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Inc.: Why Organizations Must Evolve Their Legacy Learning Management Systems

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   Data Society      
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       June 6, 2022         
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              News
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Original article published in Inc.

In today's workforce, employers emphasize training and reskilling opportunities as they look to retain talent. The modern professional learner requires a platform that prioritizes customization and communication, especially in a hybrid landscape, yet the current learning ecosystem is managed by legacy platforms that are not equipped to address these needs. To remain competitive, organizations must replace their legacy learning management systems in response to the growing demand to reskill hundreds of professionals with increasingly more technical skills.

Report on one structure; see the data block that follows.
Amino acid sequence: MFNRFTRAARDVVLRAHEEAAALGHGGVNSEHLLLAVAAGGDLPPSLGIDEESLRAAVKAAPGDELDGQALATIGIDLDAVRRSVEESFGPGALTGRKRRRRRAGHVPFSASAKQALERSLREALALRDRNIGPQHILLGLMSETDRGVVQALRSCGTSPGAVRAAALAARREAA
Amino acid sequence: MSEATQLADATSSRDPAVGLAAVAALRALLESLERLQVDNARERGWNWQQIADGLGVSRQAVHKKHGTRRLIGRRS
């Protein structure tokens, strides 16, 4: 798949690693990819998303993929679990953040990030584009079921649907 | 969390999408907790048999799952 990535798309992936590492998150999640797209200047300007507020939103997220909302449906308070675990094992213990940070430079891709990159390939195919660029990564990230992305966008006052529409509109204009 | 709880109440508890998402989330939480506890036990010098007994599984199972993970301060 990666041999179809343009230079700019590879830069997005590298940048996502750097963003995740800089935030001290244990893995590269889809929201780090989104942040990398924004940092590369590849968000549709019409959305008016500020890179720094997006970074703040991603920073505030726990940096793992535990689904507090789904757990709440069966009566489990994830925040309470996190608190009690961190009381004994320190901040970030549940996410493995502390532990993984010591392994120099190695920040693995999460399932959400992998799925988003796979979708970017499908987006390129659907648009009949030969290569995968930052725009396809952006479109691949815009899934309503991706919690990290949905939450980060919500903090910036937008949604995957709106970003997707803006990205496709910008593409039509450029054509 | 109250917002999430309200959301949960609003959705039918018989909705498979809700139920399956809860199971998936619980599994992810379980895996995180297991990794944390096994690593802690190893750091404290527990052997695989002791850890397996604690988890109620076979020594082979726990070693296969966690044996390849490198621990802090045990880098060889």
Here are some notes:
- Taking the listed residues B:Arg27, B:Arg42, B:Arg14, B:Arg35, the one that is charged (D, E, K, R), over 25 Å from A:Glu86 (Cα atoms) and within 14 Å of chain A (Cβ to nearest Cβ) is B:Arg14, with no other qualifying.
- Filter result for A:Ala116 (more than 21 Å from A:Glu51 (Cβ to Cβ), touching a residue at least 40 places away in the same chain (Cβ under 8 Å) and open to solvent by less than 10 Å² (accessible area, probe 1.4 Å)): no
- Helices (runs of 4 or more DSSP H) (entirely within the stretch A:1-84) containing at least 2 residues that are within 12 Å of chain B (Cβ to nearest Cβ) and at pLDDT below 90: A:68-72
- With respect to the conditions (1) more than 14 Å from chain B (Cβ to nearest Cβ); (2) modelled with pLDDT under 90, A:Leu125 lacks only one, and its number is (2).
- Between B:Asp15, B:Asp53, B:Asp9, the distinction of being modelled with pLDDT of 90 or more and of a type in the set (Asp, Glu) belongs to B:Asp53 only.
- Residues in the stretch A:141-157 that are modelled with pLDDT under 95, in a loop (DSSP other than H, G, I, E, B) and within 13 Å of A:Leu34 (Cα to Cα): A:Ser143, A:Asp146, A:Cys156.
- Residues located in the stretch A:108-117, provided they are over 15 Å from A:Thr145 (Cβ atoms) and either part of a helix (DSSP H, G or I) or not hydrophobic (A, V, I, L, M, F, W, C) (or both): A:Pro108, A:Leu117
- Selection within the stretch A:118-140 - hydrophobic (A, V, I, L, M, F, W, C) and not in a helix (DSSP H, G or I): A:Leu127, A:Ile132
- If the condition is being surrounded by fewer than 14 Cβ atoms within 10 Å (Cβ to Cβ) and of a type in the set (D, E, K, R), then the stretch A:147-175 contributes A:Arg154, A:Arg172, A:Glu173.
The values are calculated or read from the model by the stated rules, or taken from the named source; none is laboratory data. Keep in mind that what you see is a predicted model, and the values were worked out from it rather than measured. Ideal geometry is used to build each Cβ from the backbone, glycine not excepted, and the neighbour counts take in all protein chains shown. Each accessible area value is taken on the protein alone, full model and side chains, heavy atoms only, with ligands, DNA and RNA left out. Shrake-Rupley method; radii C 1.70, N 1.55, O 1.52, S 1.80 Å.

According to a recent survey, only 40% of employees say their organization has provided the data skills necessary to do their jobs efficiently. This suggests that legacy learning platforms are not equipped to meet the growing requirements that modern learners expect. Therefore, a different approach is required to properly reskill professionals, one that addresses the importance of communications, collaboration, and community throughout the reskilling process and modernizes the creation and delivery of courses in the learner environment. 

Understanding the existing platforms

I recently came across a helpful comparison of the main categories available in the industry today - Learning Management Systems (LMS) and Learning Experience Platforms (LXP). LMS platforms are designed to deliver formal training material and live virtual training. They allow administrators to assign and track highly structured training content and include features that will enable catalog management, content storage, progress monitoring, and scheduling. As you may have inferred from this description, LMS platforms are strikingly instructor-centric instead of learner-centric. Their rigid, non-modular tools make it difficult to establish a sense of community within learning and limit the opportunities for learners to drive and manage their own learning experiences both within and across courses. 

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